A letter from the Tennessee river, contains the following paragraph about the loyalists who have appeared on the Tennessee river:
This invaluable class is composed--according to a careful analysis made by an eminent chemist on the spot--of ten parts unadulterated Andy Johnson Union men, ten of good lord good devil-ites, five of spies, and seventy-five scalawags, too lazy to run, therefore disqualified for service in the Secesh army, and too cowardly to steal on their own responsibility, but willing to be enrolled as "Home Guards," so as to plunder their neighbors under the Union flag.
Chicago Daily Tribune, April 5, 1862
5, Sack of Palmyra, Tennessee, by U.S.N.
SMITHLAND [KY], April 3, 1863
Just received telegram from Captain Hurd. Was engaged at Palmyra. Mr. Foutty badly wounded. Rebels in force there with battery. His machinery slightly disabled. I leave in ten minutes for Palmyra with all the boats. Will whip them out. I have no time to complete my written report; will send it soon as possible.
Please hurry up our other boats. We need them now. Plenty fun in other river [sic], as I understand no troops to be convoyed Tennessee just now. I believe General Rosecrans has concluded not to send any.
SMITHLAND [KY], April 6, 1863
Captain Fitch [and] I found the enemy in force at Palymyra last evening. Foutty is seriously wounded. My machinery is crippled. Come up with the Lexington as soon as possible.
SMITHLAND [KY], [April] 6, 1863
Have returned from Harpeth Shoals; river all clear just now. Enemy left Palmyra for Beatstown [Betsy Town] [sic] Landing; got their batteries in position, heard of our approach, and left in haste for Charlotte. Found a few stragglers in Palymyra; killed two or three; burned the town; not a house left; a very bad hole; best to get rid of it and teach the rebels a lesson. Landed a Beatstown [Betsy Town] [sic] with infantry and cavalry from Clarksville; pursued the rebels 6 mile back; it was not prudent to follow them farther. Sent the fleet on up to Nashville under convoy of Brilliant, Robb, and Silver Lake. Remained at Beatstown [Betsy Town] [sic] Landing with gunboats Lexington, Springfield, and one transport till infantry returned near 10 p.m.....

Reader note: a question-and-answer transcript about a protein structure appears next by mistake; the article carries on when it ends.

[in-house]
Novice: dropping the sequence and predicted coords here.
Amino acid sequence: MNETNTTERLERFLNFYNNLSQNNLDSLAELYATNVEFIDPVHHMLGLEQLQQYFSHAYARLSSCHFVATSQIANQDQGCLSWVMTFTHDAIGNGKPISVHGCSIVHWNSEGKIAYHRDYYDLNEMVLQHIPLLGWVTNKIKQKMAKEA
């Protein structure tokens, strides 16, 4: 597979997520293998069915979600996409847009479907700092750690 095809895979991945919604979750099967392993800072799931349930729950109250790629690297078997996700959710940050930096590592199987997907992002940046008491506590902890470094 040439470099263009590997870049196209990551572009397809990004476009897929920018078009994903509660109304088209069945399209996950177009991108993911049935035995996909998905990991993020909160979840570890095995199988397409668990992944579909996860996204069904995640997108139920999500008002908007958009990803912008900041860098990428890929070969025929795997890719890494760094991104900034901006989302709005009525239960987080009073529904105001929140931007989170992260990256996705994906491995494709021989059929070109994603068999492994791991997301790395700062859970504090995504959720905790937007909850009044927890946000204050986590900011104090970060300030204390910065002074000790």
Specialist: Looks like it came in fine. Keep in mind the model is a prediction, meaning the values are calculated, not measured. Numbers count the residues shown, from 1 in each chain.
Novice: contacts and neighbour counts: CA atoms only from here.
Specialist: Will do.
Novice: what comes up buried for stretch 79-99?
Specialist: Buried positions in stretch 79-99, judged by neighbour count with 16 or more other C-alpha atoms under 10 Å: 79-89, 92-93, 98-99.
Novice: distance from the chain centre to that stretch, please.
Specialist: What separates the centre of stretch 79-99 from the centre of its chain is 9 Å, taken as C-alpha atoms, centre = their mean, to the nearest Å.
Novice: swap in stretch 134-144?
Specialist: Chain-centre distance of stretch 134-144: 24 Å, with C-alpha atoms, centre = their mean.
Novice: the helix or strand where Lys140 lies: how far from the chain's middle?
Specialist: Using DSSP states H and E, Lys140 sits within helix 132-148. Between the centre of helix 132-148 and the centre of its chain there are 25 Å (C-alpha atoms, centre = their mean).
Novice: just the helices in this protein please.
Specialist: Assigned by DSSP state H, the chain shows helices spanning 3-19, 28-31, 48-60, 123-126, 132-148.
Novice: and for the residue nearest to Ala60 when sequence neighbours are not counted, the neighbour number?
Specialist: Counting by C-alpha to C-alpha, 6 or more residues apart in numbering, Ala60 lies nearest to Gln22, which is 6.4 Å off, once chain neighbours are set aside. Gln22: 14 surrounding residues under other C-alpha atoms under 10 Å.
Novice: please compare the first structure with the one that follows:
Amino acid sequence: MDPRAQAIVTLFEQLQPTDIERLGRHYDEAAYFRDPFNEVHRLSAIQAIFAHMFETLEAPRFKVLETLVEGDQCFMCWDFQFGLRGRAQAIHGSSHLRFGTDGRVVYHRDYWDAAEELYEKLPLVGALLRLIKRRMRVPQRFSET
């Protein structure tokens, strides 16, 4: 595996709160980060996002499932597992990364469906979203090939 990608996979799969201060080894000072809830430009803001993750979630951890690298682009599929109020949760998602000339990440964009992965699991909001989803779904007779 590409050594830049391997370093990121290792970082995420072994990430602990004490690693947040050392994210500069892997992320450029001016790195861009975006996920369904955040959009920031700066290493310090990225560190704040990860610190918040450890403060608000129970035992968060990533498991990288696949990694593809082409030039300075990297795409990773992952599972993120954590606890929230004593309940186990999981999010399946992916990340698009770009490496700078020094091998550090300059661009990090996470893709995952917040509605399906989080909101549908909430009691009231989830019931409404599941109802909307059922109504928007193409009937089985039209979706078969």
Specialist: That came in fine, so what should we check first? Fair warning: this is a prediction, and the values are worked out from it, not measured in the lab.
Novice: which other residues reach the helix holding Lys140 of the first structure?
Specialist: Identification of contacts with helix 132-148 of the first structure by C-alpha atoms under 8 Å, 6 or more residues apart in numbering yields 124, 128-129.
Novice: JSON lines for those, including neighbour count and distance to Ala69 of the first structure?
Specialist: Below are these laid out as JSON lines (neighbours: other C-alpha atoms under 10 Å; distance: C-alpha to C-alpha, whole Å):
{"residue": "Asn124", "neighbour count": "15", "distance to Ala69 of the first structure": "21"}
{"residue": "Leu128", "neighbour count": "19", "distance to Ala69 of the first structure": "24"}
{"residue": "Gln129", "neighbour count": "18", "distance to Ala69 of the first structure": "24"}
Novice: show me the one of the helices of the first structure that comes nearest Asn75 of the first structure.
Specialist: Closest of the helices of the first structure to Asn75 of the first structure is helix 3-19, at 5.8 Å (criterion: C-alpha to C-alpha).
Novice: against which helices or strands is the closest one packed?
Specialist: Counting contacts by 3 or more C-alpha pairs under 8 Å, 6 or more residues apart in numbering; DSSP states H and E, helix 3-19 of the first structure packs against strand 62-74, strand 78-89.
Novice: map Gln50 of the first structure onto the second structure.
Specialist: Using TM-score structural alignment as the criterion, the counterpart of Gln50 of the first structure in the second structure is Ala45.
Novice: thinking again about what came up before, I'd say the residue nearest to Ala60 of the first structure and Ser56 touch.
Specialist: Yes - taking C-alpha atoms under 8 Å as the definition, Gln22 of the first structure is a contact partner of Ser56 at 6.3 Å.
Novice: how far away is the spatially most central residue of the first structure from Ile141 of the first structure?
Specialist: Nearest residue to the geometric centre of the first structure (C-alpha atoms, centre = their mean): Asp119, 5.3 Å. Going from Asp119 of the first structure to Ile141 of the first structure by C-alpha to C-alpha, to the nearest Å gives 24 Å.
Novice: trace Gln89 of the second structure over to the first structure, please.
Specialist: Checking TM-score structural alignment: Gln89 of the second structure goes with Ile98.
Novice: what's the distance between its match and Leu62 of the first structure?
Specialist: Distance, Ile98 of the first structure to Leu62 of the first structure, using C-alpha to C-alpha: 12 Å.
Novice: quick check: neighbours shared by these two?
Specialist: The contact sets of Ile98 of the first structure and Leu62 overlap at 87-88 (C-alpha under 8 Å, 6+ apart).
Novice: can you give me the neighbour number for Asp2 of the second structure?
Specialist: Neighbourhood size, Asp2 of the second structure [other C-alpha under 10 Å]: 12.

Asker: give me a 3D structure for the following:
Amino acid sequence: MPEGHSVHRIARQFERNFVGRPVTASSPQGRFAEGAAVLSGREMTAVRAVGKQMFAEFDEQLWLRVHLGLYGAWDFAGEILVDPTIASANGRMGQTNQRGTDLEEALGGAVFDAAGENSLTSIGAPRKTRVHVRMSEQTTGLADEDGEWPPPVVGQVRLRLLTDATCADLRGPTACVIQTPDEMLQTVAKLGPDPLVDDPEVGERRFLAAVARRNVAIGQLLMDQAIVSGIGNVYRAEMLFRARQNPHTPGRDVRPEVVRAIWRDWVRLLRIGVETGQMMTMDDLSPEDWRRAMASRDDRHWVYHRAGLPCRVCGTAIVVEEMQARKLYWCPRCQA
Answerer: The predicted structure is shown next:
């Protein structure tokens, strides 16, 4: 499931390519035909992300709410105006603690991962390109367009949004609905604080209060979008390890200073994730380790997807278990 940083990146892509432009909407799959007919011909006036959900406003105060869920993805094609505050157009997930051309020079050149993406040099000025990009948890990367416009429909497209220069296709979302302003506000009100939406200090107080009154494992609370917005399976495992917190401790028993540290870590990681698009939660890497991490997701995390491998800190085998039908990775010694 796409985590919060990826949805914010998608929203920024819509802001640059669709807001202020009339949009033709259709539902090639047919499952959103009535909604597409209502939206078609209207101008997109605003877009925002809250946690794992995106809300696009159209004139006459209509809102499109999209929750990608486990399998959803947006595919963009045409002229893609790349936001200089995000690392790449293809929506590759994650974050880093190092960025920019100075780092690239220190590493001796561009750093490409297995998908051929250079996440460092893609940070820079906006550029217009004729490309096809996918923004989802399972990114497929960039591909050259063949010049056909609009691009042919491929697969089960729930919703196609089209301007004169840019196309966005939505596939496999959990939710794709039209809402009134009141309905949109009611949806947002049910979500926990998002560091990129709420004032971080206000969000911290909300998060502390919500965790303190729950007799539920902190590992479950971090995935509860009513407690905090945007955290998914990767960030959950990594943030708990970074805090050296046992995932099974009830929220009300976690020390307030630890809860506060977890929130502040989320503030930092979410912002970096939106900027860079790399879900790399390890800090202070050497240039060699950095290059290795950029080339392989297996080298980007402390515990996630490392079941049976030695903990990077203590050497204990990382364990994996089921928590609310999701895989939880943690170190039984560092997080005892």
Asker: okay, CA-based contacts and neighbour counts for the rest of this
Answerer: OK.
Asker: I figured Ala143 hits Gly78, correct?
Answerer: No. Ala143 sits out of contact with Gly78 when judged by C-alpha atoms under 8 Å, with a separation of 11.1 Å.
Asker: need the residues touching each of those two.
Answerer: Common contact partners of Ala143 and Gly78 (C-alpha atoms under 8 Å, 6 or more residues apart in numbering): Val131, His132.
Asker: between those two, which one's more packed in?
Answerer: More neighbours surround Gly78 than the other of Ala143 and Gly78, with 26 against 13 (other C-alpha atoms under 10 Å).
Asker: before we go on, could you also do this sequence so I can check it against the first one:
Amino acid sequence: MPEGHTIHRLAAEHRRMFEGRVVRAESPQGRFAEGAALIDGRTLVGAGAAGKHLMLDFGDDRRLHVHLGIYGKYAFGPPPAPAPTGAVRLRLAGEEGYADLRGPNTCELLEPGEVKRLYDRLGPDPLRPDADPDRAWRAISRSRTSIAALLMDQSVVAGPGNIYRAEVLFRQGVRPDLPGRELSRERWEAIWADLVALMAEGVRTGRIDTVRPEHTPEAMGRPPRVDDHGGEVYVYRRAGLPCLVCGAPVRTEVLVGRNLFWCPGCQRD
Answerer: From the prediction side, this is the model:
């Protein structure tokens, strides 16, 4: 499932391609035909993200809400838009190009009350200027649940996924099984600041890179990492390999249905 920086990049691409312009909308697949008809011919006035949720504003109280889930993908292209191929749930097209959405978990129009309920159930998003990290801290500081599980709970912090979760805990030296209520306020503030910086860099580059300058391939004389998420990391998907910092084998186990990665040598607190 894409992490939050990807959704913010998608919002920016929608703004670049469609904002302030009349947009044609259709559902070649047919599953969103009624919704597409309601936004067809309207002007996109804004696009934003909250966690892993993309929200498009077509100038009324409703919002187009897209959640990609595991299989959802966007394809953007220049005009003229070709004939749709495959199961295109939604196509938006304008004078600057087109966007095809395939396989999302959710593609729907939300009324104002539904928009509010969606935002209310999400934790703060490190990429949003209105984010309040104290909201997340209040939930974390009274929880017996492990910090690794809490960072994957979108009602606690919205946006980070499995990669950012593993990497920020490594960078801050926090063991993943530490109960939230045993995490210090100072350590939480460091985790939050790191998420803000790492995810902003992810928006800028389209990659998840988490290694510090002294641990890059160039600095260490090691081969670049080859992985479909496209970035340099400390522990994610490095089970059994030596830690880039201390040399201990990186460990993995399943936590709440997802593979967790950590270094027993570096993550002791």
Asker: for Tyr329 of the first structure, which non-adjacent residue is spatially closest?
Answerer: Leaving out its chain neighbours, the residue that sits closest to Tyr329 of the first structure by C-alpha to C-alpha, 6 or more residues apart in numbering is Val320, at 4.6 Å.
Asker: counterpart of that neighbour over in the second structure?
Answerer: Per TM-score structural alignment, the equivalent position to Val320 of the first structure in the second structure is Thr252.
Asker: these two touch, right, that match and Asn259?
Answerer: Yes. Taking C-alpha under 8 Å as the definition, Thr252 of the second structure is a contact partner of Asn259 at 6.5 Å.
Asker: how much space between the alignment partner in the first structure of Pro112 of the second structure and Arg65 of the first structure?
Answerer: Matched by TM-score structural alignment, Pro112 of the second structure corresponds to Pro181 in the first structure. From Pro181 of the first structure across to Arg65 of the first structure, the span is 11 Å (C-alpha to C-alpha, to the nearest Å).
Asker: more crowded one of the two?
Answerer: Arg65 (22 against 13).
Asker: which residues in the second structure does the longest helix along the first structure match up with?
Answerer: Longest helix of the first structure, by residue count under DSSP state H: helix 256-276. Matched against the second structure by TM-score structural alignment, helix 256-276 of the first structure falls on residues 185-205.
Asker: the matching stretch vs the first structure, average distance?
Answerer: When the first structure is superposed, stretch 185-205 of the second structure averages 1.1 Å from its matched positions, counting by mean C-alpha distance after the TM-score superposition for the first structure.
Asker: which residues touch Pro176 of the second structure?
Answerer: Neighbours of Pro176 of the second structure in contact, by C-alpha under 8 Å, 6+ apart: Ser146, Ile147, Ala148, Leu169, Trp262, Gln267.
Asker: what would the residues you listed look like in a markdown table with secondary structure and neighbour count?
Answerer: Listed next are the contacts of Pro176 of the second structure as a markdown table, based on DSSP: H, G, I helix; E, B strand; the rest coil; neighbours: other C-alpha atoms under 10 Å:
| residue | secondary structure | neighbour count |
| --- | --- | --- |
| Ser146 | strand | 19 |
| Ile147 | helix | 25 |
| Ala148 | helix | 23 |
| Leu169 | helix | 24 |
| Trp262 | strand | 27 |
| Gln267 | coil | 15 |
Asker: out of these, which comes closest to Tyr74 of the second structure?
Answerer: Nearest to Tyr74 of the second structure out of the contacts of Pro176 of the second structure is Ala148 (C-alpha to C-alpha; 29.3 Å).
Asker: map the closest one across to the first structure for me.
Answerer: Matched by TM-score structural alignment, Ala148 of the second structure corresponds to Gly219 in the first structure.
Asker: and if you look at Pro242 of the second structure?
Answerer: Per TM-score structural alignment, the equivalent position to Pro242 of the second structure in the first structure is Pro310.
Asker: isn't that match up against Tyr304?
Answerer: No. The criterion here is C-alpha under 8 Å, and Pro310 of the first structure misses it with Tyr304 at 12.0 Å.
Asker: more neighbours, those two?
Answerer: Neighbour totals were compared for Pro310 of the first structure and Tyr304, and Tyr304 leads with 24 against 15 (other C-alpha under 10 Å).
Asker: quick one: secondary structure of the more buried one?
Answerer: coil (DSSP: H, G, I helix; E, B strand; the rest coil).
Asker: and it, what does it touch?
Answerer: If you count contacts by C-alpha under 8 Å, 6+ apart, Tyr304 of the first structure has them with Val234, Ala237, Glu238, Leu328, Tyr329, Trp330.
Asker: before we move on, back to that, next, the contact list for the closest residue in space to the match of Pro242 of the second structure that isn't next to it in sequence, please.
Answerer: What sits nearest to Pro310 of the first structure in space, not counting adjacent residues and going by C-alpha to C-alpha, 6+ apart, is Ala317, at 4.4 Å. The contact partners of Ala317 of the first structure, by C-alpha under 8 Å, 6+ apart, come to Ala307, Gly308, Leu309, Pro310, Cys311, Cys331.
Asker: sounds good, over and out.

LeRoy Fitch, Lieutenant-Commander
Navy OR, Ser. 1, Vol. 24, pp. 74-75.
USS Silver Lake (right)
CLARKSVILLE, April 4, 1863--12 m.
Brig.-Gen. GARFIELD, Chief of Staff:
....Report of cannon in direction of Palmyra is now heard. Think the gunboats are coming up. ....
WM. P. BOONE, Cmdg. Post.
NASHVILLE, April 4, 1863.
Brig. Gen. JAMES A. GARFIELD, Chief of Staff:
The boats fired into at the Iron Pike Shoals were fired at by two 6-pounders and about 200 rounds of musketry, 60 yards distance.
ROBT. B. MITCHELL, Brig.-Gen.
OR, Ser. I, Vol. 23, pt. II, p. 208.
Robert B. Mitchell
Excerpt from the November 25, 1863 Report or LCDR LeRoy Fitch regarding operations in the Ohio, , Cumberland, and Tennessee rivers, August 23, 1862-October 21, 1863, relative to the sack of Palmyra, April 6, 1863:
As soon as I reached Smithland and had coaled, I received a dispatch from Acting Volunteer Lieutenant Hurd, saying the fleet under convoy had been attacked by batteries at Palmyra, and that his vessel, the St. Clair, was disabled.
I got underway immediately and move dup. arriving at Palmyra the afternoon of the 6th of April.
I landed opposite and sent a detachment on shore, in charge of Acting Master [James] Fitzpatrick, with orders to burn every house in the place, and not to allow the men under his command to remove or pillage a single article.
The order was carried out fully.
Just after the boats landed several stragglers broke out of their concealments and ran; he fired on them, killing one and wounding another.
I was opposed to the wanton destruction of property, but in this instance I deemed it justifiable, for it was one of the worst secession places on the river, and unarmed transports had been fired into from door and windows of the houses.
I would here remark that the summary manner in which the people of Palmyra were dealt with had a very good effect, for I do not think there has been a steamer molested on the river since.
The [rebel] battery at Palmyra was withdrawn on my approach, and moved up to Harpeth Shoals, so I followed on up after it, taking with me cavalry and infantry from Clarksville, to get in the enemy's rear, if possible; but, again the battery; was removed, this time to the interior where it remained.
Navy OR, Ser. I, Vol. 23, pp. 316-317.
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